Gregg Simpson is an internationally-recognized abstract artist with roots in surrealism. His work is also significantly influenced by the landscapes near his home on Bowen Island near Vancouver, BC, and informed and influenced by his many years of travelling and exhibiting throughout Europe and North America.
I think I can say that every piece I've ever done has its roots in the natural world—the textures and colors, the shapes and shadows, and most importantly, the emotional pull. I paint because I want to reveal what I see and experience for others to respond to and resonate with.
The word "eclectic" aptly describes Simpson's work. He tries never to repeat himself and is always searching for new ways to work with his materials. In the studio, he paints primarily in acrylics and when he's traveling, he uses pastels and gouache to create works based on all the new stimuli he encounters on the road. Gregg's practice is heavily influenced by the great 20th Century masters such as Matisse, Picasso, and particularly the great surrealist artist Max Ernst. The work of these artists and others including Jackson Pollock, Georgia O'Keefe, Nicolas de Staël, and Joan Miró permeates his consciousness. Music, particularly jazz and classical, is also a constant inspiration.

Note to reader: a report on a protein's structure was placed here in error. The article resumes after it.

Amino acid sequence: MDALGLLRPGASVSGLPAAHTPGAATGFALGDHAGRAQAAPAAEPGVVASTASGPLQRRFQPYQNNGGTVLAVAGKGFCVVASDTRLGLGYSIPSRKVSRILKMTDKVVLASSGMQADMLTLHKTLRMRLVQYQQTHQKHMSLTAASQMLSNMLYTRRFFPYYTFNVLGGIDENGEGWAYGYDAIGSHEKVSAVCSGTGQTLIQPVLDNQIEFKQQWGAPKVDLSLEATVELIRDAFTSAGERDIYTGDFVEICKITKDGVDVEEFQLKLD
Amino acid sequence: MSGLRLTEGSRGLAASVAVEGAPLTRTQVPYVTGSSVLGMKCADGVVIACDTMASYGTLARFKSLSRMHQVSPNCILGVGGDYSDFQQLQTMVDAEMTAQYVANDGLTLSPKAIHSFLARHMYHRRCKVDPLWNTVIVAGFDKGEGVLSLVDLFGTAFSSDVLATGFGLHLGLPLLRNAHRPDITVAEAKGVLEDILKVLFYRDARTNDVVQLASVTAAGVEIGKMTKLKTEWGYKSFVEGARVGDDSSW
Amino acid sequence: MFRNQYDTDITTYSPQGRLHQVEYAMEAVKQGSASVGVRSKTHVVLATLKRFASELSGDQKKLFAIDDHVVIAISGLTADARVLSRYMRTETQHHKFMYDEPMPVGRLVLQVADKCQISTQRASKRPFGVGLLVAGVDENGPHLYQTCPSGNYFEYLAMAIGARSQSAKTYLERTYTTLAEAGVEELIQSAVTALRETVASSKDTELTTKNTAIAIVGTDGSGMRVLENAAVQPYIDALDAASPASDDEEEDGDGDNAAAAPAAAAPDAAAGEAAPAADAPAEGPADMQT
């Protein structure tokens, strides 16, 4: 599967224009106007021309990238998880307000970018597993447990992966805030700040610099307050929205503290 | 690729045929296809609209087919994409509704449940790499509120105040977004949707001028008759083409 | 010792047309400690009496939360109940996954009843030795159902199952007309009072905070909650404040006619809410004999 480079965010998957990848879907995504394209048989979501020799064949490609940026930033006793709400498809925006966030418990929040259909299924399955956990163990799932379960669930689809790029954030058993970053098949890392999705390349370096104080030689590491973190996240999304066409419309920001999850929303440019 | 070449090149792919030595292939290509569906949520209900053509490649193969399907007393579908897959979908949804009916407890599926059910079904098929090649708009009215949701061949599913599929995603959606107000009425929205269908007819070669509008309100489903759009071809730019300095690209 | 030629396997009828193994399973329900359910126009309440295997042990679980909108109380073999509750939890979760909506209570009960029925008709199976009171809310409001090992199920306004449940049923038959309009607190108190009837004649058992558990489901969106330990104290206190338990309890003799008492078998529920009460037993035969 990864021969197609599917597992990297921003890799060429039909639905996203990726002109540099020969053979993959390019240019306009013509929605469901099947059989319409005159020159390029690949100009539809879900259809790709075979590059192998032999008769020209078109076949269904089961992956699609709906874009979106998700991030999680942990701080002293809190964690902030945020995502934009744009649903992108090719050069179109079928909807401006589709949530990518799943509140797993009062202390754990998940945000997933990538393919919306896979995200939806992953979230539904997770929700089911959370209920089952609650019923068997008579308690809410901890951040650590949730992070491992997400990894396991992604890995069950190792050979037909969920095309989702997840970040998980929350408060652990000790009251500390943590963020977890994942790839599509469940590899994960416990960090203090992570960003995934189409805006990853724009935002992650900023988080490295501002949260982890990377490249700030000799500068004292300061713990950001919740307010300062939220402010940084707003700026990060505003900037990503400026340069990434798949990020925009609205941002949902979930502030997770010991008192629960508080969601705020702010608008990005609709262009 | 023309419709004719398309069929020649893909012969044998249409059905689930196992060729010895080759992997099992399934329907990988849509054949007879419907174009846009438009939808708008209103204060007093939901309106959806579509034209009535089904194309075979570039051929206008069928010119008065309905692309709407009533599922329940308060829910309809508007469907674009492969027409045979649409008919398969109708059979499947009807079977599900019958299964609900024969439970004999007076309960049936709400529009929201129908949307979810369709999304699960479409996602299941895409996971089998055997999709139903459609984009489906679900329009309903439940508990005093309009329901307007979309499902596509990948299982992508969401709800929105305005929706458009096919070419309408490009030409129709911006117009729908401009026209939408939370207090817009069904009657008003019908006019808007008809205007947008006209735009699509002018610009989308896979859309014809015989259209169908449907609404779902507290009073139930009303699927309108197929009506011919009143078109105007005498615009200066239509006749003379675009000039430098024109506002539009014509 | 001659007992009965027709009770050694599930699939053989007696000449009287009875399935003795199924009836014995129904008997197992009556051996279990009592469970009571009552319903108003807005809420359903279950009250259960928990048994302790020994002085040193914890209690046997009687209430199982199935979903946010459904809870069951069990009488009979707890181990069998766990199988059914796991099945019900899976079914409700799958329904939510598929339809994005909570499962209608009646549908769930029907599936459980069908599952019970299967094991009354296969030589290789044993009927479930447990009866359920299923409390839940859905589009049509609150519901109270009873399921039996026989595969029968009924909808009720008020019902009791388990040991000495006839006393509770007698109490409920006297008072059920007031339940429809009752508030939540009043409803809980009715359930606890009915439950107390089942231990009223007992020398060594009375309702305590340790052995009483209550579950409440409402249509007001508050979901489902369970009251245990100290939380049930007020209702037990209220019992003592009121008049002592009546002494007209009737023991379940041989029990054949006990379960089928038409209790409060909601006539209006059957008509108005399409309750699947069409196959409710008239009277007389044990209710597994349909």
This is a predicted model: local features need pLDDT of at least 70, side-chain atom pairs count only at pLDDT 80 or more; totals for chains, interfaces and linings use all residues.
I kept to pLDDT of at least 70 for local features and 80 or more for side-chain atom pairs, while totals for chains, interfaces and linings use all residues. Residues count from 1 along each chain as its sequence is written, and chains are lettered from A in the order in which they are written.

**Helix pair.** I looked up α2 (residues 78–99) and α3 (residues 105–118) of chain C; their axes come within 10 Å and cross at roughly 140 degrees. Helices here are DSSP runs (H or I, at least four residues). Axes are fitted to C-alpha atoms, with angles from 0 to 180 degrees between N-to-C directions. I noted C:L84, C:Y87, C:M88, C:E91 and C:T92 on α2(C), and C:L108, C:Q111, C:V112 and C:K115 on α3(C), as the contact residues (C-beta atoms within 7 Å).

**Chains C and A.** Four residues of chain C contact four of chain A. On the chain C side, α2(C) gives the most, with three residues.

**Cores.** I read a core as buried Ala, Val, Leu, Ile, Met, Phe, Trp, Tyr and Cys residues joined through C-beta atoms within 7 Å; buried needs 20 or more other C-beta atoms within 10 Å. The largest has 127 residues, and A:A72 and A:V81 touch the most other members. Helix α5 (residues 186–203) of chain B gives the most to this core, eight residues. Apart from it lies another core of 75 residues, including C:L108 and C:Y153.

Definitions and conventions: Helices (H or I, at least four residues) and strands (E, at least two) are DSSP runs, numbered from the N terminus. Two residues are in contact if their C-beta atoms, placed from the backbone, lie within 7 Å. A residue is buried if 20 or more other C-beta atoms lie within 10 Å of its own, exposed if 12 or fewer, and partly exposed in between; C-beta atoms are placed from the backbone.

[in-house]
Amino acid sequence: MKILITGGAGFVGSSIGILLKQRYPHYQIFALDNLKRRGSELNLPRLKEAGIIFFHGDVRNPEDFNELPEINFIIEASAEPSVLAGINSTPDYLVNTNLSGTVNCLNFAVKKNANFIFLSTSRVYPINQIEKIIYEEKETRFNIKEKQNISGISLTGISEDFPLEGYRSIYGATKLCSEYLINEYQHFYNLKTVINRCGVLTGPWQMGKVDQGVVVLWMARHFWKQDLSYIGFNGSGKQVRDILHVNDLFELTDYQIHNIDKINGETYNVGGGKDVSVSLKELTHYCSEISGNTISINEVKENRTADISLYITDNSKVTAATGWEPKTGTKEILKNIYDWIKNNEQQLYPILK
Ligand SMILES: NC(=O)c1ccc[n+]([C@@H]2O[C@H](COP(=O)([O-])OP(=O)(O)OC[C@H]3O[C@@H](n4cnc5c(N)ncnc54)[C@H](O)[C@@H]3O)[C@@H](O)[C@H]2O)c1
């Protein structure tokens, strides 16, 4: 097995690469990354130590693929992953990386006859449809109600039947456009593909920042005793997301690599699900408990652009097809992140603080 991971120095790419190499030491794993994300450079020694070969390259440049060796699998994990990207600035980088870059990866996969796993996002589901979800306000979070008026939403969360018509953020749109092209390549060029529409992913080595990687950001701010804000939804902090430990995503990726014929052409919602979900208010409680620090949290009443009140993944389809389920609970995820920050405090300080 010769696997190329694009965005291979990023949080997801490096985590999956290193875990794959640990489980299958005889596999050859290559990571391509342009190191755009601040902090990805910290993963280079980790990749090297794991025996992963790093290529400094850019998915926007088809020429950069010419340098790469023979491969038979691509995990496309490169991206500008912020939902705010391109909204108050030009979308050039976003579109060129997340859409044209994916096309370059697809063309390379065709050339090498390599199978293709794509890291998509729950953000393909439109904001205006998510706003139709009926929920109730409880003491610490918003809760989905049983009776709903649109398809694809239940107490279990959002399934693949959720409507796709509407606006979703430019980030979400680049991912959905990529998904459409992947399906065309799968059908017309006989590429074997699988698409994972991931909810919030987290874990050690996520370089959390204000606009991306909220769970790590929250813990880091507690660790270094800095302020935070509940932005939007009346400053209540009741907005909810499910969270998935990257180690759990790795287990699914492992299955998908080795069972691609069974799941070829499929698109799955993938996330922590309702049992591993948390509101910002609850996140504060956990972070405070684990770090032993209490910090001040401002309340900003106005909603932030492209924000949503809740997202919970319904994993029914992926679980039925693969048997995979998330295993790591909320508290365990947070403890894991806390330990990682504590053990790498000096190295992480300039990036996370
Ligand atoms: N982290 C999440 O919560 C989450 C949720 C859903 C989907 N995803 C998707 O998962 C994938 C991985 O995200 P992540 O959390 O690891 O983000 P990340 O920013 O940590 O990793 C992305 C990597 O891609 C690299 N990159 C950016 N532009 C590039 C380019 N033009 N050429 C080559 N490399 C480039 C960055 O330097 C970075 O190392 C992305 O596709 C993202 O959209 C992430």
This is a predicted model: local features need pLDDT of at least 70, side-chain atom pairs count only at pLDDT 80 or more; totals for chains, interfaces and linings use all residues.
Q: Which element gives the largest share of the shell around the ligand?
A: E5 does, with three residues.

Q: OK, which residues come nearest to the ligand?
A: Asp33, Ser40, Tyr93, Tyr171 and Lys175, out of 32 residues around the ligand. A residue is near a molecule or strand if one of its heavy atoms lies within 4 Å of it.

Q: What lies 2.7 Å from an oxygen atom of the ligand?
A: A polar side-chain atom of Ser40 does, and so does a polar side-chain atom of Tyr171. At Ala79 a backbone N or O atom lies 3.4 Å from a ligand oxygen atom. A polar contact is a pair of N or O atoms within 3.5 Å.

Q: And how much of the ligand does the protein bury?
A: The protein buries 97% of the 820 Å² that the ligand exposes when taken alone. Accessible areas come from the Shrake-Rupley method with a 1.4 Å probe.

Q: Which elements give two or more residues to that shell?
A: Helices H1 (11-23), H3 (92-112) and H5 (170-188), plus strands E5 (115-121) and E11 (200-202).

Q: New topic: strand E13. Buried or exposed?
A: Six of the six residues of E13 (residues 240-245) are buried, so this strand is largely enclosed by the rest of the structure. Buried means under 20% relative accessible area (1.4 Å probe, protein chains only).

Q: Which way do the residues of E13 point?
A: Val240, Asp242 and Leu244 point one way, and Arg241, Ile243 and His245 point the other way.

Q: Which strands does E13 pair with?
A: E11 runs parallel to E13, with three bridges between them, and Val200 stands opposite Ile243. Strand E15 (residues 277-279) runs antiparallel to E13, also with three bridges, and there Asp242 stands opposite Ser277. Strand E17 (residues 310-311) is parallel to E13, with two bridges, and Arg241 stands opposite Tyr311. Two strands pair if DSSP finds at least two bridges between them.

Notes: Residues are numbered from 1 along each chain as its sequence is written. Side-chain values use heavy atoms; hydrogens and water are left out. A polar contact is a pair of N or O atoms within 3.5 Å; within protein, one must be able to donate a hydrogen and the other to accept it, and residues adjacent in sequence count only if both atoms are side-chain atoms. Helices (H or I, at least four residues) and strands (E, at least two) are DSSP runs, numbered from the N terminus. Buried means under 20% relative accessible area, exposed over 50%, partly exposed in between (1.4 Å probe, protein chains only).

I always have music playing while I'm working in the studio—usually classical while I paint and then jazz afterwards. My two loves—music and art—are completely intertwined in my paintings and drawings. Rhythms infuse my brushstrokes and melodies sing through my colors and shapes.